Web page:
The beloved bassist discusses his two new milestone releases with his Fender signature amp and the retrospective U2 album Songs of Surrender
You have to admire Adam Clayton and his U2 brothers, Bono, The Edge, and Larry Mullen Jr. They continue to strive in the manner of an up-and-coming group, hungry for their big break, despite their distinguished status. Indeed, the Rock & Roll Hall of Fame-inducted Irish outfit — who have amassed 22 Grammy Awards, sold upwards of 170 million records, collected $1.67 billion in ticket sales, and changed the sound of rock — is showing no signs of slowing down after 47 years. This year they released their 15th album, Songs of Surrender [Island/Interscope], which features 40 previously recorded tracks that the band reworked and reimagined to accompany frontman Bono’s book Surrender: 40 Songs, One Story [Knopf, 2022]. Additionally, their Disney+ documentary, Bono & The Edge: A Sort of Homecoming With David Letterman, debuted just before it was announced that they would be taking on a Las Vegas residency at the freshly opened MSG Sphere, from September to November 2023.
At the same time, Fender unveiled the Adam Clayton ACB 50 combo amp. It’s the iconic company’s first-ever signature bass amp, for which they worked closely with the 63-year-old bassist. In doing so, Clayton was able to replicate his signature U2 tone: midrange-heavy, with plenty of low end. Asked what sparked his interest in a signature model, he candidly replies, “Well, a few years back Fender gave The Edge his own signature amp, and I just couldn’t be outdone — so I had to get them on the phone and demand my own model. You really think I’m going to let him outdo me like that?”
All kidding aside, Clayton’s humble nature, both in personality and in his playing, has made him the perfect cornerstone to drive U2’s ever-changing music. With his penchant for understated grooves and memorable lines, he has continued to evolve, while finding inspiration in new places — including the next generation of bass players. While many of his contemporaries have retired, Clayton remains determined to improve as a student of the bass, and he has plenty of playing left to do. “Four-and-a-half decades might seem like a lot for some people, but this music keeps us all feeling young. And that’s not something you’re ever eager to walk away from.”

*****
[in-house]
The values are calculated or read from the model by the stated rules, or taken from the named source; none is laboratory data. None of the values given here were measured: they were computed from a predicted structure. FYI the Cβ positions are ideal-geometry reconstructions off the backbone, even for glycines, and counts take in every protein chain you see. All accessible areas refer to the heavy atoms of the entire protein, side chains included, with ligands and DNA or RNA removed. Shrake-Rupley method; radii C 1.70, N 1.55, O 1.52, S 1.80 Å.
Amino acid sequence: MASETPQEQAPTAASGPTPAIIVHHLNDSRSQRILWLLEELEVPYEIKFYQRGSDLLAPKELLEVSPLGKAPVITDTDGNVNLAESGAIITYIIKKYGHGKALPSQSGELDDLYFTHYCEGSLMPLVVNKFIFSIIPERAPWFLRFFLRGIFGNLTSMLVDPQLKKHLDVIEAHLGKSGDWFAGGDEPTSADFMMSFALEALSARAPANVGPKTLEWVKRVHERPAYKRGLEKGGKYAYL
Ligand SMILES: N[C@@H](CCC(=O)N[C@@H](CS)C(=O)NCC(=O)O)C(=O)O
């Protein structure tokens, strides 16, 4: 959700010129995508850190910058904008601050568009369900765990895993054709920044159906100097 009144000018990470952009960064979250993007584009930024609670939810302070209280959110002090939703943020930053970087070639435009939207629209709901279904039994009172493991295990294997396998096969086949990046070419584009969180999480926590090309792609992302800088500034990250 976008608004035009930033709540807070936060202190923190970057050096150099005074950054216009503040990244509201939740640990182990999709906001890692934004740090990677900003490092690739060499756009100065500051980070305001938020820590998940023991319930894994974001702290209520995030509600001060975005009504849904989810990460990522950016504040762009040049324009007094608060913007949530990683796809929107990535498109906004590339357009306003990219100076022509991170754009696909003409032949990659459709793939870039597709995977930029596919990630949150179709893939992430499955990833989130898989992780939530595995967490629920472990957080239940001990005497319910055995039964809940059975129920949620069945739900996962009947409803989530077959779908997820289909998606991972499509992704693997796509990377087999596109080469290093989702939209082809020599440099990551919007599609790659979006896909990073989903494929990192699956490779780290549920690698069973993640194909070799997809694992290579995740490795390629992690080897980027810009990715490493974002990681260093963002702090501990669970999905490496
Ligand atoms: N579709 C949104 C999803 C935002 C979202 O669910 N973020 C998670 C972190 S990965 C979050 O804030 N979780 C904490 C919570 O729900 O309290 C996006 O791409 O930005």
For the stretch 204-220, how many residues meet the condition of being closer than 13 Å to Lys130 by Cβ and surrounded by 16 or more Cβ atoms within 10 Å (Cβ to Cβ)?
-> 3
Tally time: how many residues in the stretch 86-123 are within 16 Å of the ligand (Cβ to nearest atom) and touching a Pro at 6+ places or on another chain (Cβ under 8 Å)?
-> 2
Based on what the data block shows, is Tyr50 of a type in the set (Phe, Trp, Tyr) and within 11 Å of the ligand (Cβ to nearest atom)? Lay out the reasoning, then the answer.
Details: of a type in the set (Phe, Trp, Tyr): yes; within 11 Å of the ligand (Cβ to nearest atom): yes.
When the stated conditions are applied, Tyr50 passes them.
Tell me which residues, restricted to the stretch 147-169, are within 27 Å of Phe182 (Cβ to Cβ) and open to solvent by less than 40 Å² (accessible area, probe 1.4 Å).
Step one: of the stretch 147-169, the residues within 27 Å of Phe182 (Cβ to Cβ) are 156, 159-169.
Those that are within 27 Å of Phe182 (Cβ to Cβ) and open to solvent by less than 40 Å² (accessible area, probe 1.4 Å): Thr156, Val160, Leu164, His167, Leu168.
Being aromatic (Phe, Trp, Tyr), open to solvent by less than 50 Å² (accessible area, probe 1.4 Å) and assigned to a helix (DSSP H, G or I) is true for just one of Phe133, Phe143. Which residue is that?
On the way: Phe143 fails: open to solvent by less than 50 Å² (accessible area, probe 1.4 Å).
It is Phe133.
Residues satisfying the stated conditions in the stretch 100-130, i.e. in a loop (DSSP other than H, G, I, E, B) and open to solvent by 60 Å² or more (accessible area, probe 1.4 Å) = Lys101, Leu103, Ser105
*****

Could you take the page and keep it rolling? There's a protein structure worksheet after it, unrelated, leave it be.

For Songs of Surrender, what was it like going back and reimagining these 40 songs from your catalog?
It’s been one of the most amazing releases, because we worked on these 40 tunes, and we didn’t quite know what the end result was going to be. We just knew that Bono had taken some time to tell his story in his book. It worked out that the way he structured the story was based on four key songs. We didn’t know what the book was going to be about or whatever, but Edge said, “Let me go and tinker with these.” It was during lockdown, so we couldn’t all get together, but he wanted to try out some different arrangements. What he did was essentially all acoustic, and we said, “Okay we’ll go for an acoustic record.” But we don’t want to be stuck with only acoustic guitar and the songs not sounding very good because of it, so we let ourselves add whatever we needed at various points. There were a number of times when they let me loose on bass, and I got to have a lot of fun with those songs. Many of my favorite tracks are the ones Edge worked up as piano arrangements, because it puts them sonically in a very different place. It was a kind of an adventure where I didn’t feel invested as a band member to deliver band tracks that we might have to perform. It was a case of just playing around with [the arrangements], and that made it very relaxing from my point of view. It was a real treat for us.
What was it like revisiting your bass playing and the band’s songwriting on these 40 songs, which span five decades?
I’m always surprised when we revisit material that I think is the most underdeveloped and immature, which is our first three records; I find there is something in those songs that we didn’t know we had at the time. Those tunes capture a moment and they’re special. They communicate a lot of our rules back in the day, which were centered around writing songs for albums with the purpose of wondering how they’re going to play live, because that was primarily how people were going to hear them. You know, in the early ’80s, a U2 record would not have gotten played on FM radio, that’s for sure. Those were songs that had to connect with an audience live, so they have a power and a rawness and a directness. I think when you become a little more schooled in how to song-write academically, you don’t make some of those decisions.
How have you evolved as a bass player through your career playing in U2?
I’m very happy when I go back to the early records and I hear how inventive it was, without any kind of deep, academic knowledge. I was instinctively doing stuff that sounded good to me. Now, I’m a lot more measured about what and when I play. There are times when what I play is important or what it sounds like is important. I suppose I look at whether a part is rhythmic: Does it drive the song? If it’s a rhythmic part that drives the song, how should it sound? Where will it sit within the instrumentation? Being a huge fan of reggae, I love a deep, low-end bass, and we’ve obviously played around a lot with dance music over the years. I like the low-end sound as much as I like the heavy midrange sound. I find the midrange has the personality and the low end has the sex, and there ain’t nothing wrong with that.